One of our Technibble forum members shared with us a fantastic way to organize screws when disassembling a laptop. The need to organize laptop screws comes from the fact that there are many screws with many different sizes and lengths depending on which part it came from. Getting the laptop apart isnt the problem, but knowing which type of screw went where when putting it back together is. Its incredibly frustrating to have left over screws when you put the laptop back together again and then trying to figure out where it came from.
This is one Technibble members solution to the problem.
Aaron from Aarons PC Support said:
I have tried different screw management techniques and nothing has been as cheap, fast, and perfect as this. I have never had extra screws or mix-ups during re-assembly. In this example this HP laptop has a broken DC power jack which will require the laptop to be taken apart completely.
First, you will need a plain sheet of 8.5 x 11 paper, a towel (microfiber prefered, or other soft top as not to scratch laptop lid), a pen, screwdriver, and a small Awe.
Next, we need to remove all of the covers and hardware from the bottom of the laptop. This will expose all screws that may be hidden. Be sure to place all of your parts into or on an anti-static bag of some sort.
Now we can see all of the screws that need to be removed. Start by taking your blank piece of paper and drawing a rough outline of the bottom of the laptop. I like to draw basic features such as the battery bay, cover locations, as to give a orientation reference as we move along.
Now punch holes into the paper where you have screws drawn. It is important to punch the holes with an Awe or something similar. Not punching a small hole, and then inserting the screw will rip the paper, and the paper will not hold the screws tightly.. which means you will probably lose one. To make punching real easy: place the rough outline paper on a towel, then punch. We don’t need any bloody fingers.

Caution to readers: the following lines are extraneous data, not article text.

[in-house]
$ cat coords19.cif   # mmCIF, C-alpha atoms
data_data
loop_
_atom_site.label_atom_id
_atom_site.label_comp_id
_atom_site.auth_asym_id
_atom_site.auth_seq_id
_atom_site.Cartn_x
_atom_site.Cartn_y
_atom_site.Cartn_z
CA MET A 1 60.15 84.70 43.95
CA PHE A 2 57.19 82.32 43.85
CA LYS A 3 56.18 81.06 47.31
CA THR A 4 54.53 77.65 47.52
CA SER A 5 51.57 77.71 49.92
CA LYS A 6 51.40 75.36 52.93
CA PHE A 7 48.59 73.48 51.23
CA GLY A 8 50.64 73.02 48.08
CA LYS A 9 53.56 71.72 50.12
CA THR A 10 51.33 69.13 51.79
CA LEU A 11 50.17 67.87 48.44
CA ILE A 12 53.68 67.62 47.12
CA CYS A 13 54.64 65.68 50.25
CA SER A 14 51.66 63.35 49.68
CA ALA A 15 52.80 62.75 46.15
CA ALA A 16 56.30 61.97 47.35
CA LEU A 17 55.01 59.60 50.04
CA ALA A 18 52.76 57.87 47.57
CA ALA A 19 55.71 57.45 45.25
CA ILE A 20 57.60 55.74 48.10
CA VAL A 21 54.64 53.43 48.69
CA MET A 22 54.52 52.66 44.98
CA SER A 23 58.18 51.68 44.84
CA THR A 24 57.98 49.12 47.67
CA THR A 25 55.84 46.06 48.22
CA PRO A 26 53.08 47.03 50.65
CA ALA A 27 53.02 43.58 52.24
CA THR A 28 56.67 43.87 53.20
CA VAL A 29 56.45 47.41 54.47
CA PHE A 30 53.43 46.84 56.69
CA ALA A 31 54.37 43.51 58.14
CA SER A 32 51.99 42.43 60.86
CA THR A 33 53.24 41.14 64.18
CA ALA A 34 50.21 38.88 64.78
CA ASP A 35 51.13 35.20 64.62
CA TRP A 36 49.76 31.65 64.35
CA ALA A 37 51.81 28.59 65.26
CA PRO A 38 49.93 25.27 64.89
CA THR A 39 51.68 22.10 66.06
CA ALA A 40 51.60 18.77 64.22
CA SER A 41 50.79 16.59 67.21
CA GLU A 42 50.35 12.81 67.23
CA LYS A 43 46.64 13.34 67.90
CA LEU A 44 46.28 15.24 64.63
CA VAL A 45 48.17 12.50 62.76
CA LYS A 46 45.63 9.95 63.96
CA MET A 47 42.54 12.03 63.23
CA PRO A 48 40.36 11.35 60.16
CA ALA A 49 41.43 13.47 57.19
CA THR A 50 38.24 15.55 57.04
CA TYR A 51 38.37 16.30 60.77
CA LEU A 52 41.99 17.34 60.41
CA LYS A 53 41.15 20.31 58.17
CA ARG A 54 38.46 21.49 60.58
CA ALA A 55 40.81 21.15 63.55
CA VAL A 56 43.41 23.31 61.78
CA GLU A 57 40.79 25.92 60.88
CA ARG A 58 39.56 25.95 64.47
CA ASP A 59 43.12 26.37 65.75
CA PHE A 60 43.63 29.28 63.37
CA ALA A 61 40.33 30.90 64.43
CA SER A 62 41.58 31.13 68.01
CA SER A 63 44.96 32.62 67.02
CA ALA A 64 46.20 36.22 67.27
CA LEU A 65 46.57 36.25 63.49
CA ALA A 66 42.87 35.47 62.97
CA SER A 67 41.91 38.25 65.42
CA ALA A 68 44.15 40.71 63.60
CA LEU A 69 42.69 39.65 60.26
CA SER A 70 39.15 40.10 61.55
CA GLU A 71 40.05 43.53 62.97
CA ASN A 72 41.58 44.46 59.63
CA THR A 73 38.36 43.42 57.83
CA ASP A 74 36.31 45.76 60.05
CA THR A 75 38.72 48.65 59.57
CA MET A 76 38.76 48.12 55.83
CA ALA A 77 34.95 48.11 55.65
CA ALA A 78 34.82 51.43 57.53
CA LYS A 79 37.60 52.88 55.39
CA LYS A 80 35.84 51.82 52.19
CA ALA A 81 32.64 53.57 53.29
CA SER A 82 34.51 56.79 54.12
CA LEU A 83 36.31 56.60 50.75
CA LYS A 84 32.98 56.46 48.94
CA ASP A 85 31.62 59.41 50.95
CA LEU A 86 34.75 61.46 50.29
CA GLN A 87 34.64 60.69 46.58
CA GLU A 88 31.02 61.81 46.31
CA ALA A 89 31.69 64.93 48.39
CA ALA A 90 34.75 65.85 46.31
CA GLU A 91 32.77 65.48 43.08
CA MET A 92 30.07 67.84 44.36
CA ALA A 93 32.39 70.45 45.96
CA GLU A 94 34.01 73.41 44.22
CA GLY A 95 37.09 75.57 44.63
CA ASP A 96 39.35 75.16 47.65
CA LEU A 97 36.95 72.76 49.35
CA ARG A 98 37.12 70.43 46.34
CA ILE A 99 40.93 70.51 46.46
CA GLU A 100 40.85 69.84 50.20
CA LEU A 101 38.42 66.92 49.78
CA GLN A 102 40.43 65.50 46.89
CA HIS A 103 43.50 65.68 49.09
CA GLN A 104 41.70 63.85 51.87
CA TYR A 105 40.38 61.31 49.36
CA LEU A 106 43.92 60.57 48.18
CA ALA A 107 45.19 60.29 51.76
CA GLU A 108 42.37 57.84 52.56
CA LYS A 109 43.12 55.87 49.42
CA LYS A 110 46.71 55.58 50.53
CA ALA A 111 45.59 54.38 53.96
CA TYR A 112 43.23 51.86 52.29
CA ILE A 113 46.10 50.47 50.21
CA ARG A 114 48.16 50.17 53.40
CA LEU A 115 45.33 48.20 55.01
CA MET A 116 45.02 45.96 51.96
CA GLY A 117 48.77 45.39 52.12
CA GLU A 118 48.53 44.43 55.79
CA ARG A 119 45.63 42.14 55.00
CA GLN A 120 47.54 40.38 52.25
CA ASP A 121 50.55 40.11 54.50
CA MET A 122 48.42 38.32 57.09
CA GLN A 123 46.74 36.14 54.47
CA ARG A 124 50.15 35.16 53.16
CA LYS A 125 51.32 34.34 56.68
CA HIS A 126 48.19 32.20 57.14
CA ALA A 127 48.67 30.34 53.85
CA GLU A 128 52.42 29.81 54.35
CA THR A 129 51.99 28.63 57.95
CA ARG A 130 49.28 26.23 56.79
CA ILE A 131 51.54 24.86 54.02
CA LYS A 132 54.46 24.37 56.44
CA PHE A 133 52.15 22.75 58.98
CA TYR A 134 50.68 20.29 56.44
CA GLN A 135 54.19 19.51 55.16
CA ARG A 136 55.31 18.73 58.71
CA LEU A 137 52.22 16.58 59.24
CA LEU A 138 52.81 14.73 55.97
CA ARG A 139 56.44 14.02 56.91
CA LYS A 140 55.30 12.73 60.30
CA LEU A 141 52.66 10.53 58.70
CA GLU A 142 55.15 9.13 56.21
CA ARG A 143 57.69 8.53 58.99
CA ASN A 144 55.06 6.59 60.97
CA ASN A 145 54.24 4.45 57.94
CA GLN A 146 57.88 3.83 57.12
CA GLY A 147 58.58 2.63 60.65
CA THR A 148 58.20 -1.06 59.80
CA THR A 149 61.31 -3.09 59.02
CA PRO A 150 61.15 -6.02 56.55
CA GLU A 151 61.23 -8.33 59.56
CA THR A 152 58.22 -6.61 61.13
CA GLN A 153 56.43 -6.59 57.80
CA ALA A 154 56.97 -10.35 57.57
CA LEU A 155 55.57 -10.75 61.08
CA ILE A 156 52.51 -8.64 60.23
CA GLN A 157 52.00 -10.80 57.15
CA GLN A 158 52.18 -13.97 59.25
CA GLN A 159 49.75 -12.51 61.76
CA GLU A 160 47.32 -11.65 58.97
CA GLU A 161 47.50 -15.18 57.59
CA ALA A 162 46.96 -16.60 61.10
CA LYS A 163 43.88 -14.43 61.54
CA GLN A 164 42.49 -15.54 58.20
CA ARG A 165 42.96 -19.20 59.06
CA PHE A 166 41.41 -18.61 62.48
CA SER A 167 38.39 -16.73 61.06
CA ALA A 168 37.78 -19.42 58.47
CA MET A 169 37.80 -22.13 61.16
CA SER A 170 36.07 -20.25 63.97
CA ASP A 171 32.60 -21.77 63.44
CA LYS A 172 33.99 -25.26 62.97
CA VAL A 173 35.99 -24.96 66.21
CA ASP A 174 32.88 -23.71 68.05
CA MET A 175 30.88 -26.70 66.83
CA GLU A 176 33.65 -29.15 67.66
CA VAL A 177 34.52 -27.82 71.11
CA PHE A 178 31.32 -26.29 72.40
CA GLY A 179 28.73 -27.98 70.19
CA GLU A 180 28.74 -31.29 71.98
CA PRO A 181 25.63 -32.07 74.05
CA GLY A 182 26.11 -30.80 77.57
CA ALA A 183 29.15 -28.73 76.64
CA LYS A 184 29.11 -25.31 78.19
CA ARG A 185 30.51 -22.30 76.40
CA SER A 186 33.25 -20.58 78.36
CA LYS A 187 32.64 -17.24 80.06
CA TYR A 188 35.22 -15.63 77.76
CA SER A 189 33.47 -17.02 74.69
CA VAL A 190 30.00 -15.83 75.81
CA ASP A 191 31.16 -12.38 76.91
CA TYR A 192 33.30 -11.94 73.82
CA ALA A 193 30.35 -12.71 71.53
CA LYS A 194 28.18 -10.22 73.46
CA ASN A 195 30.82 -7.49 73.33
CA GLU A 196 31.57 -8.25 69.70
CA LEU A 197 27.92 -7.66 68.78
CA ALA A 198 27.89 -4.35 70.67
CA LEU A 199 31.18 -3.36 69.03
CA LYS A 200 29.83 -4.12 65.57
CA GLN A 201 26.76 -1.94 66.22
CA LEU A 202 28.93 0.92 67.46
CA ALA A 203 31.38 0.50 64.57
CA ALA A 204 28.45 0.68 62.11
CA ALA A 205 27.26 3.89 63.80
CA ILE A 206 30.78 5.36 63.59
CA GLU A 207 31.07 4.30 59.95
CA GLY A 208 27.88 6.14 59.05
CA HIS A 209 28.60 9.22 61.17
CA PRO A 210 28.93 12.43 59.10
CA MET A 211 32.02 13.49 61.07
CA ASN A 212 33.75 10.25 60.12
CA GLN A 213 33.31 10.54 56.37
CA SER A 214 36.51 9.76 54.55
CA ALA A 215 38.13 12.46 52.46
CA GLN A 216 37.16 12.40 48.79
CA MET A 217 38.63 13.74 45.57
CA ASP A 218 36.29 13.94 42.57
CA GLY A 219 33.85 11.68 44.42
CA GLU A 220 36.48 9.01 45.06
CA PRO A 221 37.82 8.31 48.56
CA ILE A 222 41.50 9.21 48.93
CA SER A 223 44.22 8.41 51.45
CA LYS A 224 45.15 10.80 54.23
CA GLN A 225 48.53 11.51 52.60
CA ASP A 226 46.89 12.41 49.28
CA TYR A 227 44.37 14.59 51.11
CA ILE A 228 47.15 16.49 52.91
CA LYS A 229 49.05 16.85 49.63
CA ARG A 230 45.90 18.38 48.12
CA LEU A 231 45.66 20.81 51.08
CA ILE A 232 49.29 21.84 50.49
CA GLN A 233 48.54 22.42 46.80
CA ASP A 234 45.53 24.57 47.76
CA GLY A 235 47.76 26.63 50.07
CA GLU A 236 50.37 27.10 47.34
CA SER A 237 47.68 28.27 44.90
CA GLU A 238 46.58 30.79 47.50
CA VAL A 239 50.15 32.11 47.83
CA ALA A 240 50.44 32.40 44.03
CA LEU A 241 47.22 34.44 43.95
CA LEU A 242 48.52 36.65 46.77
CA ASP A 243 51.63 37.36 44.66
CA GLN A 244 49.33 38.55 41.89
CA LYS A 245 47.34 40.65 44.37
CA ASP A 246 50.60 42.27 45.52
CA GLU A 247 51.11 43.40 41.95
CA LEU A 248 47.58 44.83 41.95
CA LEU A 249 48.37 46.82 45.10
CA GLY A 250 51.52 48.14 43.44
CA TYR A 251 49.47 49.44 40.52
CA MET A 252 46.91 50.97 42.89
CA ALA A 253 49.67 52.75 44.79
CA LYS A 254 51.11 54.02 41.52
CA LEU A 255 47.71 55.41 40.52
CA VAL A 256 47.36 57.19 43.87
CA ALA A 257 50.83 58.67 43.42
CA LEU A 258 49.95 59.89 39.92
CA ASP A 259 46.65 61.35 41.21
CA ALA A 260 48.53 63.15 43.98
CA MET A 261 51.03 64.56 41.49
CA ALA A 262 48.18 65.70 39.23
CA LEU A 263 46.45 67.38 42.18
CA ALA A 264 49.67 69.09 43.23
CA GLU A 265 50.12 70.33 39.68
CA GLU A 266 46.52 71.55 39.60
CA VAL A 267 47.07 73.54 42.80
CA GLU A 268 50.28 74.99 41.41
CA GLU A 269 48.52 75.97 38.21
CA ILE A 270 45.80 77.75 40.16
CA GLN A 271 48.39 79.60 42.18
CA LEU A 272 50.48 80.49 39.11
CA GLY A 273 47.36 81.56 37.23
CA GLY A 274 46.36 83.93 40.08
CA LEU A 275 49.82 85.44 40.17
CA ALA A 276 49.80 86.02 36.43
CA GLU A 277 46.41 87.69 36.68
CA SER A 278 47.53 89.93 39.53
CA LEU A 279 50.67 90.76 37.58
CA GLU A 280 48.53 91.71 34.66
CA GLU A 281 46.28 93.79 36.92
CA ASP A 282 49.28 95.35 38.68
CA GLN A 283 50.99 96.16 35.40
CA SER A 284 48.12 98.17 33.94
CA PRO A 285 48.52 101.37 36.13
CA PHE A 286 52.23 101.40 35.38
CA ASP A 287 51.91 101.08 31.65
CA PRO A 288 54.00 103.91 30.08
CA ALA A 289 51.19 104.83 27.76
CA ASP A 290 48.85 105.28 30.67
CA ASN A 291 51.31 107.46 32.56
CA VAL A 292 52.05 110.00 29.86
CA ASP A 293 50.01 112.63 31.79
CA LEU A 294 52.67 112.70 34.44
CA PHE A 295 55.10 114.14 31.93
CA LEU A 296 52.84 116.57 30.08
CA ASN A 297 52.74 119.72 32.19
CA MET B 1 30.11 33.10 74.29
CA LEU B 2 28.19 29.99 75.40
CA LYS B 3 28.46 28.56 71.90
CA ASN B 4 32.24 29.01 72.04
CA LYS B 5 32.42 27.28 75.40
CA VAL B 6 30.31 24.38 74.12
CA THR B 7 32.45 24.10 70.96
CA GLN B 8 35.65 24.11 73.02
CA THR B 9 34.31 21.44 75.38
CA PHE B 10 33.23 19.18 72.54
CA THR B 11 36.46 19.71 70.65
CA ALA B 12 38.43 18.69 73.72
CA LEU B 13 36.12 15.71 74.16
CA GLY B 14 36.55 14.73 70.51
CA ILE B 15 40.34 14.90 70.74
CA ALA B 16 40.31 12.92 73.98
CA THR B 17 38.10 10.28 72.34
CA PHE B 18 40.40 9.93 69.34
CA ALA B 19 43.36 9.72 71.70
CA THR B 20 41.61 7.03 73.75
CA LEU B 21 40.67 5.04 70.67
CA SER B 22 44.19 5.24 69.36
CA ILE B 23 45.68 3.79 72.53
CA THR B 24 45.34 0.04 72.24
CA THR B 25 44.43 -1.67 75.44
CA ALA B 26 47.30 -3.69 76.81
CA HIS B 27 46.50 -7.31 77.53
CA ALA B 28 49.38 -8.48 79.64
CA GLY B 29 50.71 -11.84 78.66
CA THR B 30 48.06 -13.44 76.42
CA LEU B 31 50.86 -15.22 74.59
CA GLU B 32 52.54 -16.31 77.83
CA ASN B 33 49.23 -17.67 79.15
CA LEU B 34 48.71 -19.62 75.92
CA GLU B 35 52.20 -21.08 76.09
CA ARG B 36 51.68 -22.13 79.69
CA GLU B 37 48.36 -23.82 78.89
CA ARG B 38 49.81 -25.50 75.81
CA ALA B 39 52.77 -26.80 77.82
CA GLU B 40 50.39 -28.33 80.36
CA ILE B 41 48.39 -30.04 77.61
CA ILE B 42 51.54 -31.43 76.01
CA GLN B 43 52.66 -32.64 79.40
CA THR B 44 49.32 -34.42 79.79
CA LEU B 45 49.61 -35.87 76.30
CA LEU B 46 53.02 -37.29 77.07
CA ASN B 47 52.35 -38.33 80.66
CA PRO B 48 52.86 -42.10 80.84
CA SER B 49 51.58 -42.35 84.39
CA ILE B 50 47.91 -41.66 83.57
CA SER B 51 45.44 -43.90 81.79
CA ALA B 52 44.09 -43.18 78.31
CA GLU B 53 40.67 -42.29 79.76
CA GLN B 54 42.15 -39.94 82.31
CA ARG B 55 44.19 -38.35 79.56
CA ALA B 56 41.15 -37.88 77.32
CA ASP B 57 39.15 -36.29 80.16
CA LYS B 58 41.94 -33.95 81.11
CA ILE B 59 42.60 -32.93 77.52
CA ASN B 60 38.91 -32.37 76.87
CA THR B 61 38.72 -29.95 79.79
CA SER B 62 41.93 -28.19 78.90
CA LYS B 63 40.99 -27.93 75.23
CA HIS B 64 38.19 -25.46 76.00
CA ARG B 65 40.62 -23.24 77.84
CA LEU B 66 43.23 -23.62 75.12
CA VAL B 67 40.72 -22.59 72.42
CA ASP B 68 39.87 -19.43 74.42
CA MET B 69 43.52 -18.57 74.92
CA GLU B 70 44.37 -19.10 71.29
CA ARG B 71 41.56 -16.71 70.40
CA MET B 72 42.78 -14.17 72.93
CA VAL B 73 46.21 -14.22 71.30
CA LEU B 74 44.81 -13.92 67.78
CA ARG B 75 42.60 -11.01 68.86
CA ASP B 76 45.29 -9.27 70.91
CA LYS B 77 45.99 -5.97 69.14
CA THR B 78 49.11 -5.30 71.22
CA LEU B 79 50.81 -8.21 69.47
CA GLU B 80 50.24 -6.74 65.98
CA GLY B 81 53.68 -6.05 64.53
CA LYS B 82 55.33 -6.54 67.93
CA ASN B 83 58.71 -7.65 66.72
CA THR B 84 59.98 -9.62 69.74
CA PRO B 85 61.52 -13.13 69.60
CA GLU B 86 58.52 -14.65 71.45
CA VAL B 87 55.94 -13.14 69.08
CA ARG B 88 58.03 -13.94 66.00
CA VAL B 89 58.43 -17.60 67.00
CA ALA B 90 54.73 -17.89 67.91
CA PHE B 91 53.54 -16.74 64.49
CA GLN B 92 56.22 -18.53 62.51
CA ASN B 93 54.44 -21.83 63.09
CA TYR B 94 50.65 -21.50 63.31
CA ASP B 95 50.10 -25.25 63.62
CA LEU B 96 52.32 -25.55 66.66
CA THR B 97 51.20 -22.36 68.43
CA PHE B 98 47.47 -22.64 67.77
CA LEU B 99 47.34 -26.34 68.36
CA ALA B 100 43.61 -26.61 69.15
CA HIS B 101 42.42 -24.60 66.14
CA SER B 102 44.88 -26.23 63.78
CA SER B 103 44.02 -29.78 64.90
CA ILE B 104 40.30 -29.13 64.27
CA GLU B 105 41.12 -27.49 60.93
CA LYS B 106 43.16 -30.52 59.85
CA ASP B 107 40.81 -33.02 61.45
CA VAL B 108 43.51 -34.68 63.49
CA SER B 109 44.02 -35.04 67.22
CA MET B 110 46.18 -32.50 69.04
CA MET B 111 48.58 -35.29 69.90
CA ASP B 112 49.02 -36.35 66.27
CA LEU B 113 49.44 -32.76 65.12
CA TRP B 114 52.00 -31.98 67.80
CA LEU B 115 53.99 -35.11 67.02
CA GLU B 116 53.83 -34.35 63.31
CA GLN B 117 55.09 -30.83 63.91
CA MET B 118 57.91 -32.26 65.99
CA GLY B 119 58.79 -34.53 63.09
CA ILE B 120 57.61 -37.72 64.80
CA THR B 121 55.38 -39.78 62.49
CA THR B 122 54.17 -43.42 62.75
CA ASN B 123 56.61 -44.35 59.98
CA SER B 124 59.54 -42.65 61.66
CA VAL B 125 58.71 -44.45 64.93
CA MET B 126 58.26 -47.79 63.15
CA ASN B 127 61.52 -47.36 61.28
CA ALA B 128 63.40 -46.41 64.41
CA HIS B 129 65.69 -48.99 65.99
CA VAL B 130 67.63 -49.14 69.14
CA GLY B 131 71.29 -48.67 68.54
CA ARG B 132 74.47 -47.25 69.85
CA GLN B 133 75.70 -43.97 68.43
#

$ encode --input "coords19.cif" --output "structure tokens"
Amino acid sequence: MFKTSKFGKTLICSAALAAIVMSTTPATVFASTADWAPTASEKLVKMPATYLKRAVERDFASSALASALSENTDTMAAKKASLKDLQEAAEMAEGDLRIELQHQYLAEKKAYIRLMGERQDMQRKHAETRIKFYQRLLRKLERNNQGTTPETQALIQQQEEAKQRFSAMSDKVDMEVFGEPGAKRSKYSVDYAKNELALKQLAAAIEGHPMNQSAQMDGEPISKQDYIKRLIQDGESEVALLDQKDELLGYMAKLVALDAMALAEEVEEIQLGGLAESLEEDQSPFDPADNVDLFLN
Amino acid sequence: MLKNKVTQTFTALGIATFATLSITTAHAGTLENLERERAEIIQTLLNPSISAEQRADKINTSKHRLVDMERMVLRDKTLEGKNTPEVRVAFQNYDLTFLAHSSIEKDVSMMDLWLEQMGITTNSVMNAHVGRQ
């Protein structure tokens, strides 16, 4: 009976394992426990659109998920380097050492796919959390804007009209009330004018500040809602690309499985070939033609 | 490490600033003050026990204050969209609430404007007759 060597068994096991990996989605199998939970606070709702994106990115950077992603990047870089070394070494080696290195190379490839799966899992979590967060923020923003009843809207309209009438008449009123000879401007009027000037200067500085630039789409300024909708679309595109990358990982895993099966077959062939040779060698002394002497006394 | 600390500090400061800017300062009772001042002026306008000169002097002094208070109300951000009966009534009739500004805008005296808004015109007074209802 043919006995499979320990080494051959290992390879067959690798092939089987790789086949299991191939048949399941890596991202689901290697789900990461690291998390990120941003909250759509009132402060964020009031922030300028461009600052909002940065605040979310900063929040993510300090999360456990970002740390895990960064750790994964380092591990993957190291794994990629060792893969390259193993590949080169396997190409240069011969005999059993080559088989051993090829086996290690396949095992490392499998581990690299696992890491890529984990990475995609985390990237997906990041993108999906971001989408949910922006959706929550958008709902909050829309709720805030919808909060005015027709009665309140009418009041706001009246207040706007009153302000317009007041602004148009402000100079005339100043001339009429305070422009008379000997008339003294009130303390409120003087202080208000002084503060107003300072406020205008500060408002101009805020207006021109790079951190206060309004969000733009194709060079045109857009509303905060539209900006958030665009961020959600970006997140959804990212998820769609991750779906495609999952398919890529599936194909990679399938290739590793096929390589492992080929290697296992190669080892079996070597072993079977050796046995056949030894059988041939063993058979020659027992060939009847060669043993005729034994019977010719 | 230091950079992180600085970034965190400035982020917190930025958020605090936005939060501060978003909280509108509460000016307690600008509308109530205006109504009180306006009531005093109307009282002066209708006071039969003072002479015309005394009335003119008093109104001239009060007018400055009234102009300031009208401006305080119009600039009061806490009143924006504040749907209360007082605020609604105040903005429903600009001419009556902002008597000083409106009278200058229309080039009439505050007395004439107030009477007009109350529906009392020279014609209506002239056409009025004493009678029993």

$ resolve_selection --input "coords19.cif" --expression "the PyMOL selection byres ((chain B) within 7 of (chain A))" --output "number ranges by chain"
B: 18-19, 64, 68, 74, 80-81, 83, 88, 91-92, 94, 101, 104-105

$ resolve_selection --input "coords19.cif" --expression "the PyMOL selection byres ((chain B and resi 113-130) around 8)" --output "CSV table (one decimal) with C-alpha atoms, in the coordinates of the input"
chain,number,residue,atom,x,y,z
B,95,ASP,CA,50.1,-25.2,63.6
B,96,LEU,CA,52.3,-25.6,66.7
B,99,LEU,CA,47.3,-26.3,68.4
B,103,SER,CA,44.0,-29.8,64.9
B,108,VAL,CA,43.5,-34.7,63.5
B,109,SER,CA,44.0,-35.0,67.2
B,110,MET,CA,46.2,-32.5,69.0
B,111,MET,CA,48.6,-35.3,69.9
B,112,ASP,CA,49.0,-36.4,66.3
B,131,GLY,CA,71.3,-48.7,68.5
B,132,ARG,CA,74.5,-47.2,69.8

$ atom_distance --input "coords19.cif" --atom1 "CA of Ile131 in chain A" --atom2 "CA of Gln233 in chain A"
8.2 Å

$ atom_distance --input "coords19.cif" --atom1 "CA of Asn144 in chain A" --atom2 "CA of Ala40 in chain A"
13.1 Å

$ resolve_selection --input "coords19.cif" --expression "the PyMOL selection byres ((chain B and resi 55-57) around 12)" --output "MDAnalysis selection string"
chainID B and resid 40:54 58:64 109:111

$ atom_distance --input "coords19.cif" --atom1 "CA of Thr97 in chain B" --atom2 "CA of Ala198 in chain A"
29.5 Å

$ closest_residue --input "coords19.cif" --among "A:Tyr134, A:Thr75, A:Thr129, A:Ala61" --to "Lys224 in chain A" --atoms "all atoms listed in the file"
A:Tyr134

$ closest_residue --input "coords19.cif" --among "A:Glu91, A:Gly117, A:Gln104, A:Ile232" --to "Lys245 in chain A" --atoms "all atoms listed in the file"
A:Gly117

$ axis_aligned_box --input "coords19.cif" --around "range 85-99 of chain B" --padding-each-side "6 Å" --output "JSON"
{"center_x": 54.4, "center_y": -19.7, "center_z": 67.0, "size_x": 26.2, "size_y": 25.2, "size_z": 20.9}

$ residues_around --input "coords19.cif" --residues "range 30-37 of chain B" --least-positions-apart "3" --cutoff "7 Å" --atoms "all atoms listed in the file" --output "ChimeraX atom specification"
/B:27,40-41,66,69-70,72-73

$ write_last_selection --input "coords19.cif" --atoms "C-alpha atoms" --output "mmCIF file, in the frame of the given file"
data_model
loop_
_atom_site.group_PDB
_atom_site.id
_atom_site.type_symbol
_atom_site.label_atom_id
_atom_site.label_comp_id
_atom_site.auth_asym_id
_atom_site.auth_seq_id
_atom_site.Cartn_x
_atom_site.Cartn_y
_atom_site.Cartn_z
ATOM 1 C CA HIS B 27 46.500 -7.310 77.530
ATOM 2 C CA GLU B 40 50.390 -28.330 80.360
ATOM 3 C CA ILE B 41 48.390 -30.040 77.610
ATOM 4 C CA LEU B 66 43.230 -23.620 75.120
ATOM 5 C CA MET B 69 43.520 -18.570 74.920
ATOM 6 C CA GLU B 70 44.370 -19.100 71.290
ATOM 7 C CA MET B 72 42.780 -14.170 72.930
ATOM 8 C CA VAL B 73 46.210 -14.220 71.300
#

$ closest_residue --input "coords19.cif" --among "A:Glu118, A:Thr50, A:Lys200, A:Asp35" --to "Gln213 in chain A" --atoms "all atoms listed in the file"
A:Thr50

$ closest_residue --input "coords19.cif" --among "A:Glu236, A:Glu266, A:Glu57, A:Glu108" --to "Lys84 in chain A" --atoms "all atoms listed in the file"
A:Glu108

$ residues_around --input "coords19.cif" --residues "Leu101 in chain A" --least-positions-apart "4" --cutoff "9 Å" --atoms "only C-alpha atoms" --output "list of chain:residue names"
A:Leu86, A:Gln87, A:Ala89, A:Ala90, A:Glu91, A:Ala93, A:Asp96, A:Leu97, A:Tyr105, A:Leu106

Next, remove all of the screws and punch them into the oppropriate spots on the paper.
Here, you can see the paper is upside down, and all of the screws are held securely in place.
Now we flip the laptop over, right-side-up, and remove the keyboard and keyboard trim ring to reveal some more screws. So I draw another simple sketch and punch some more holes. I also punch holes for the LCD hinge screws as well.
Now we can remove the top cover of the laptop to reveal the motherboard and some more cabling. Now is a good time to draw a diagram of the motherboard, punch, and remove and place the screws in the paper.
Now it is easy to reassemble the laptop and place the screws into the correct positions… another job well done!
I hope this helps some of you out there using pill bottles and other methods that “lump” together a bunch of screws that may be slightly longer/shorter or fat/skinny. If your repairs didn’t go as planned, you still have your paper so you can disassemble the laptop again if needed.
Special thanks to Aaron of Aaron’s PC Support for sending this in. Aaron’s PC Support is an affordable computer repair shop with over 20 years of experience. Aaron’s PC Support provides alternative low-cost computer repair services for Central Virginia; Richmond VA, Chesterfield VA, Midlothian VA, Chester VA, and Henrico VA.
If you want to learn how to repair laptops including how to disassemble them, check out Podnutz’s Laptop Repair Videos.